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IZinterrogator
April 25, 2010, 01:55 PM
I took my SOCOM II out yesterday to try to figure out why it had been failing to feed at my last ACTS match. During the match, it had been ejecting fine, but the bolt wasn't picking up the next round and I had to manually cycle it to feed the next round. I cleaned and lubed it before I took it shooting yesterday because I thought it may be a lack of lubrication on the op rod guide and spring. The bolt had been properly greased before the match and was greased again before I shot it yesterday. Once again, the bolt was either not picking up the next round or it was only partially feeding the round before jamming. The gas cylinder had been checked and cleaned prior to this last outing and the magazines were new CMI mags straight out of the wrapper. Any ideas?

kraigwy
April 25, 2010, 03:40 PM
Couple Questions:

Are you using Reloads??

If so, did you run the brass through a case gage to make sure it sized propertly??

IZinterrogator
April 25, 2010, 03:43 PM
Nope, factory M80 FMJ.

Howard31
April 25, 2010, 04:24 PM
I had the same problem with a Garand.I had it rebarreled twice ran the gun for many years and what happened was that the op-rod spring wore out.What actually happens is the bolt comes back too fast,hits the back of the reciever and bounces over the round in the clip or in your case the mag.
Try a new spring .

chuckles
April 25, 2010, 05:05 PM
Make sure your gas system is clean and that the piston moves freely. (lock the bolt back and tilt the rifle forward and back. you can hear the piston slide.) Also check that the gas plug is tight. Be sure to use a gas cylinder wrench or well-padded crescent to hold the cylinder when you tighten the plug. Sometimes that problem can be a gas issue. Also make sure the gas valve turn screw is correctly positioned.

IZinterrogator
April 25, 2010, 06:54 PM
chuckles,
That had all been checked prior to firing and was good to go.

Howard31,
I've had this M1A for just over two years and I've only shot it five or six times. Would this occur that rapidly without firing? Or does Springfield just use crummy springs?

chuckles
April 26, 2010, 05:57 PM
You might wander over to M14 TFL forum for some answers. They usually have the most knowledgable people around about the US Gas-Operated service rifles (and civilian facsimiles thereof)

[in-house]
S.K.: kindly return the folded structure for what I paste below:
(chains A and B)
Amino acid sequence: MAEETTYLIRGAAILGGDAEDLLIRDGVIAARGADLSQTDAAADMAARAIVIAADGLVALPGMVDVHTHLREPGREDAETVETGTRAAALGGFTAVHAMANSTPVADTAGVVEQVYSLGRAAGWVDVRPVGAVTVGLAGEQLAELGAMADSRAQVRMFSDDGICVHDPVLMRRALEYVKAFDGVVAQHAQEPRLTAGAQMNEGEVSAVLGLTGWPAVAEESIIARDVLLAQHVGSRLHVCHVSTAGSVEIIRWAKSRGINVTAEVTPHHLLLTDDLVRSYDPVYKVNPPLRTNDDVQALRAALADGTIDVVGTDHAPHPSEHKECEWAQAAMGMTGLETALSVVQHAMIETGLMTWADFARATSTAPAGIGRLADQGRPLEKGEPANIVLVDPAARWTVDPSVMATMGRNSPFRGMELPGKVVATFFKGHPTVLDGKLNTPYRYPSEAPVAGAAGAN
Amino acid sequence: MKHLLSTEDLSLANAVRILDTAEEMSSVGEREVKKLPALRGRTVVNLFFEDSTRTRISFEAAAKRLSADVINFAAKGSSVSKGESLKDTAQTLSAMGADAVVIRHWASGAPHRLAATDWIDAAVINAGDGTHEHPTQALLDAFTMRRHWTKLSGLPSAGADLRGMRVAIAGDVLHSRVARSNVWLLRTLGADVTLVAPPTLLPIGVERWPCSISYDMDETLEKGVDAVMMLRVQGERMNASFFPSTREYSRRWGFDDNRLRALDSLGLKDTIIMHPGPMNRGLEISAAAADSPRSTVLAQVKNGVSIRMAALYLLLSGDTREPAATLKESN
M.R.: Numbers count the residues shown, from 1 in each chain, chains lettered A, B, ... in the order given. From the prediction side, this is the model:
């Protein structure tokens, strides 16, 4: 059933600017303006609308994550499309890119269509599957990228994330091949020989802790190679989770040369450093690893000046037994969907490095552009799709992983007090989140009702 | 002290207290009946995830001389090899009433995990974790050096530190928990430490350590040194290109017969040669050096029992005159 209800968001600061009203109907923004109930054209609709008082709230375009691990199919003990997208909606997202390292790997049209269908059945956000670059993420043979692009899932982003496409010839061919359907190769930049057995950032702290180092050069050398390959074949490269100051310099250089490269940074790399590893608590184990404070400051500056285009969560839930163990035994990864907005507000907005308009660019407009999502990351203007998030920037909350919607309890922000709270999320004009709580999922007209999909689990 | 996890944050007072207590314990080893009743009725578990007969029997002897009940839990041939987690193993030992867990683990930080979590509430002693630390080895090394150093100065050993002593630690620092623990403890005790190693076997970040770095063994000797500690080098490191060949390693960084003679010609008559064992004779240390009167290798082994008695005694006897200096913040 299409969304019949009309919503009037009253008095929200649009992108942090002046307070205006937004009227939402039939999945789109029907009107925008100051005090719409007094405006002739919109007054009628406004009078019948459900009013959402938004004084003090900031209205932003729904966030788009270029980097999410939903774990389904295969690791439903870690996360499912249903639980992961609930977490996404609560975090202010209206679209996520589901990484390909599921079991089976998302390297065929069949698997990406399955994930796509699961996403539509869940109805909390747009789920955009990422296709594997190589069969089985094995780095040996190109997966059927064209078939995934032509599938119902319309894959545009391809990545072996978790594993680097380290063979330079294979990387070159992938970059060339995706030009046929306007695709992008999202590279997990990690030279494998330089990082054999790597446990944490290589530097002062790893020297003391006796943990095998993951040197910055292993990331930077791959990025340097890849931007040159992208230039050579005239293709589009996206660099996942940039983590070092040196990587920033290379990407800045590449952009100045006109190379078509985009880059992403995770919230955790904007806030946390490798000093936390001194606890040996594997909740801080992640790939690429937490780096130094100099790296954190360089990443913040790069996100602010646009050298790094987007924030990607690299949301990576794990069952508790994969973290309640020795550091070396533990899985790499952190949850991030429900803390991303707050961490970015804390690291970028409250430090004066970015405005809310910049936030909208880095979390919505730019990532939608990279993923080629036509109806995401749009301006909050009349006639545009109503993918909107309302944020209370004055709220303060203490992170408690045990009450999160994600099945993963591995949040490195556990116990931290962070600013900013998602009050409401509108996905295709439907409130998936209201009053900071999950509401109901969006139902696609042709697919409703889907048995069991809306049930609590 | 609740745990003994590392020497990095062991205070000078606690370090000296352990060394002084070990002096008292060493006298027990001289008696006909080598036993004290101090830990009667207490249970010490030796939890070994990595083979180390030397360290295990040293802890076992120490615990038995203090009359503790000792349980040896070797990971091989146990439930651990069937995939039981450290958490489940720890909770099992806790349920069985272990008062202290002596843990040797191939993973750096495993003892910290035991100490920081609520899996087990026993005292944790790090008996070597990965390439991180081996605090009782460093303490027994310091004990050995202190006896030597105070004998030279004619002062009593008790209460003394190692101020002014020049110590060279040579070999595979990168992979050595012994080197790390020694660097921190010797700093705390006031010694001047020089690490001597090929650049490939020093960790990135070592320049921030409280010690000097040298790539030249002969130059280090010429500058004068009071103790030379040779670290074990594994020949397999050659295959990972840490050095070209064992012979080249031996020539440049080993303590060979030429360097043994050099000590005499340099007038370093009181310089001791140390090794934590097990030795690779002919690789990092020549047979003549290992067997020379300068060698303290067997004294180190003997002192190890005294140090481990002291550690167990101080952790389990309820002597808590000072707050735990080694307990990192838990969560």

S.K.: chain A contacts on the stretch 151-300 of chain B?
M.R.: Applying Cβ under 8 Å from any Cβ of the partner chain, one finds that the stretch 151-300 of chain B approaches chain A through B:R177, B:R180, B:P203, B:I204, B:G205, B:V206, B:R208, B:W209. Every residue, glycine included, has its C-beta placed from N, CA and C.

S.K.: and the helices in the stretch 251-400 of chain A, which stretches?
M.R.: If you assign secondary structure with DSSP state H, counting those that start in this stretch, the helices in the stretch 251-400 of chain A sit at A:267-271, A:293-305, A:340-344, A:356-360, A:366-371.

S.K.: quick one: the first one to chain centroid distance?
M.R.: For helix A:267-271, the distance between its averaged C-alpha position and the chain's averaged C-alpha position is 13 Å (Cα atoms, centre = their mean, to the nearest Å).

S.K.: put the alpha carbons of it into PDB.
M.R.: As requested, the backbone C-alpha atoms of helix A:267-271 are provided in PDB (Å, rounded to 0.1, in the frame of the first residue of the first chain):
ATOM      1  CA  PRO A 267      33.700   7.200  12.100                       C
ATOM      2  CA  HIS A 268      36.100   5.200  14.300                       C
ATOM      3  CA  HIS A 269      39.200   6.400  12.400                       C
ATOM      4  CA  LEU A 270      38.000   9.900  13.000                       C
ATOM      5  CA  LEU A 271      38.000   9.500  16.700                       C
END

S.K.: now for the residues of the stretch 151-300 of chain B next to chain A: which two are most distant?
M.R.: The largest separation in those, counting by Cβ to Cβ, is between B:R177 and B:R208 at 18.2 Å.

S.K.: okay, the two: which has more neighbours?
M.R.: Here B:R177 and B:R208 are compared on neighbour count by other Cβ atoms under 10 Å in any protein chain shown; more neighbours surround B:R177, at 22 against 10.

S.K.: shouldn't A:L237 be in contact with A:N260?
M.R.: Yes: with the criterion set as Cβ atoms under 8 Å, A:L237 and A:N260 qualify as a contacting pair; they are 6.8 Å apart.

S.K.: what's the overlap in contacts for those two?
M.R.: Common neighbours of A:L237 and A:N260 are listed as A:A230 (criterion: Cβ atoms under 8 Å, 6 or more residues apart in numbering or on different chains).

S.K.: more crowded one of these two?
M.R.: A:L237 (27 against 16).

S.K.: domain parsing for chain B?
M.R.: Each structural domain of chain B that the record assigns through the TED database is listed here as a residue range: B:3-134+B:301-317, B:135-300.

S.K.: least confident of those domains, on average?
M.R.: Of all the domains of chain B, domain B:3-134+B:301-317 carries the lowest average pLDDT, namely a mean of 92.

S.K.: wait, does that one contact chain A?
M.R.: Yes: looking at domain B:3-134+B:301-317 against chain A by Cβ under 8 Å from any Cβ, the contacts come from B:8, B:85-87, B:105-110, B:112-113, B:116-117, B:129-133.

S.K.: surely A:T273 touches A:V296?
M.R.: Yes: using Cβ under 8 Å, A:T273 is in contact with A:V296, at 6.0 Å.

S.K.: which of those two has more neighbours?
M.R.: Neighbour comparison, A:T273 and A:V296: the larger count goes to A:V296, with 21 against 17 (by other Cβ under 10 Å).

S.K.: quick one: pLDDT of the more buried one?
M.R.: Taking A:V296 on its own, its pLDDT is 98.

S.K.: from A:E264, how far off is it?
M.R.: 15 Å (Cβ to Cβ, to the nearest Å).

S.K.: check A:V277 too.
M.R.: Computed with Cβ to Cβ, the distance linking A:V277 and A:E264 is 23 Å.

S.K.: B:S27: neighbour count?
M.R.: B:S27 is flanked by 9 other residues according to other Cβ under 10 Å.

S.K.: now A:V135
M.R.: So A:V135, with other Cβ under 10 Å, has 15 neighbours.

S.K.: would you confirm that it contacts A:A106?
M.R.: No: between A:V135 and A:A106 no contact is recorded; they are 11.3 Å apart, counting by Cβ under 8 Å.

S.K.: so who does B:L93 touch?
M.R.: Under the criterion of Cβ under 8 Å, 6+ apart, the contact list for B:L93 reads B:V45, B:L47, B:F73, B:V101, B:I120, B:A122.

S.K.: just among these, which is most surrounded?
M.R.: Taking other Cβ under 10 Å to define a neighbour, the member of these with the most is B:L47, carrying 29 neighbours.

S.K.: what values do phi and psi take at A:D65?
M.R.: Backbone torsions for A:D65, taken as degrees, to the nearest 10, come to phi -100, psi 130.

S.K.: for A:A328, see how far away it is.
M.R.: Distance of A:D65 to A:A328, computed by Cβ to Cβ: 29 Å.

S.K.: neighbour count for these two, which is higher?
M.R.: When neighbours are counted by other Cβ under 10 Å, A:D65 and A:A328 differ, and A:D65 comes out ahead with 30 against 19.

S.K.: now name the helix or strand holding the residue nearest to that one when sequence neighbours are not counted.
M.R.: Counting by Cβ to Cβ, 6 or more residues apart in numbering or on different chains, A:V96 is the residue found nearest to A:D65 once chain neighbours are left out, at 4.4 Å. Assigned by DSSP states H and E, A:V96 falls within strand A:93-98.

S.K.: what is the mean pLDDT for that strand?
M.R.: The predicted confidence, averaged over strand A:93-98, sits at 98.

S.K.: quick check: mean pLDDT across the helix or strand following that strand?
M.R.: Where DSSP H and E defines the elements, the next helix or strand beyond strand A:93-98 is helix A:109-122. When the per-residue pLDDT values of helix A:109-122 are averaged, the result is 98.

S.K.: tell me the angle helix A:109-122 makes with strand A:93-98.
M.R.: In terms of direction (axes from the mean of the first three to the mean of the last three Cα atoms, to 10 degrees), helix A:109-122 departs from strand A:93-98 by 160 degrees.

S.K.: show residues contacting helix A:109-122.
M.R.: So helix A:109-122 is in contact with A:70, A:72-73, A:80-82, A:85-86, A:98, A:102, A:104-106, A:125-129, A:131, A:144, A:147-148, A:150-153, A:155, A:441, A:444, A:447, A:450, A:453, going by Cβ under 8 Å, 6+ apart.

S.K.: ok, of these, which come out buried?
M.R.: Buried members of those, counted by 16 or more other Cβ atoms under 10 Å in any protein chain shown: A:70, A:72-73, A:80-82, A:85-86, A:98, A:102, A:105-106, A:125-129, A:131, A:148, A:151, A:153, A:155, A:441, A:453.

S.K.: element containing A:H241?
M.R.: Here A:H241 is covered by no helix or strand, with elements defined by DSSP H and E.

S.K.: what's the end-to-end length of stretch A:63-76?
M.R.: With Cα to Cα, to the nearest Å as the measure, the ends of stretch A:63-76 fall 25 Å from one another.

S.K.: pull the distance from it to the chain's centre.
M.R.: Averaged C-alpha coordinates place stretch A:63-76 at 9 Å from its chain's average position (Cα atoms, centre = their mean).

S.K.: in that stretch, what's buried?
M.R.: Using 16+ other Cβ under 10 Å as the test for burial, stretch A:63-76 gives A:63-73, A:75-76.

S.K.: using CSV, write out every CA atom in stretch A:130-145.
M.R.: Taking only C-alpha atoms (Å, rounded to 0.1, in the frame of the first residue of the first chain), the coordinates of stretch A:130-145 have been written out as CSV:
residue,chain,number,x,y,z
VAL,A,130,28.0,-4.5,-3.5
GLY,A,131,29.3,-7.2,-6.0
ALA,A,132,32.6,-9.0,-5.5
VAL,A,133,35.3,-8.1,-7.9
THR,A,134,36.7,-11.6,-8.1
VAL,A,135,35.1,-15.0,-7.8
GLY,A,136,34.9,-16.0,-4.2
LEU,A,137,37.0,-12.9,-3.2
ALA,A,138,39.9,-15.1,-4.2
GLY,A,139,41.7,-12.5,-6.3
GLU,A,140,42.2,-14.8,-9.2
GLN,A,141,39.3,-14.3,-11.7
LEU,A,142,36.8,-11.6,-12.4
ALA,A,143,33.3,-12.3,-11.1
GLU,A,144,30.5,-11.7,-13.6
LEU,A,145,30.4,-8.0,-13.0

www.m14tfl.com

nbkky71
April 27, 2010, 10:08 AM
Sounds like short recoil. Usually caused by crud build-up in the gas cylinder, crud build-up in the gas piston or leaking gas due to loose cylinder plug. Also check to make sure that the spindle valve is not loose.

There's also the possibility that there's an issue with the recoil spring or spring guide. Make sure the op-rod isn't binding or dragging anywhere. You're not using an extra-power recoil spring, are you?

Worst case, there's the chance parts are damaged or out-of-spec. If you can't resolve it, a warranty trip back to SA, Inc. may be in order.

Howard31
April 27, 2010, 10:42 AM
I would have to stick with the weak spring theory.I would not rule out what NBKKY71 said about the rod binding.To check that disassemble the rifle from the stock,take off the op rod spring and then elevate the muzzle end.At about 45 degrees the bolt shound slide freely all the way back to the reciever. Then raise the reciever end and the bolt should slide forward all the way.Then put it in the stock and run the test again and check to see if the rod is binding on the wood.
You can rule out your ammo being out of spec.If it was you would have a problem chambering the first round and a cruddy chamber would cause extraction problems.
A dirty or cruddy gas system will affect accurcy but not function.

AK103K
April 27, 2010, 02:34 PM
Your not lubing the piston are you?

My SOCOM would do what your describing if it wasnt "dry".

brian45auto
April 27, 2010, 02:52 PM
what kind of mags?

IZinterrogator
April 27, 2010, 09:26 PM
AK103K,
I cleaned the piston with CLP, but then wiped it dry.

brian45auto,
The current mil-spec CMI 20 rounders.

Powderman
April 27, 2010, 09:31 PM
If this is a continual problem, take a close look at your magazines. Springs and innards clean? How about the feed lips?

Lock a magazine in, and give it a good shake. Does it lock in tight, and with minimal play?

Are you using the proper spring?

A final check would be to buy a box or two of premium ammunition--something like Gold Medal Match, 168 grain. If the gun cycles well with that, there might be a problem with the ammunition.

If all of this checks out, I'd probably opt for sending the rifle back. The gas port might not be large enough to put sufficient gas into the piston chamber to cycle the action.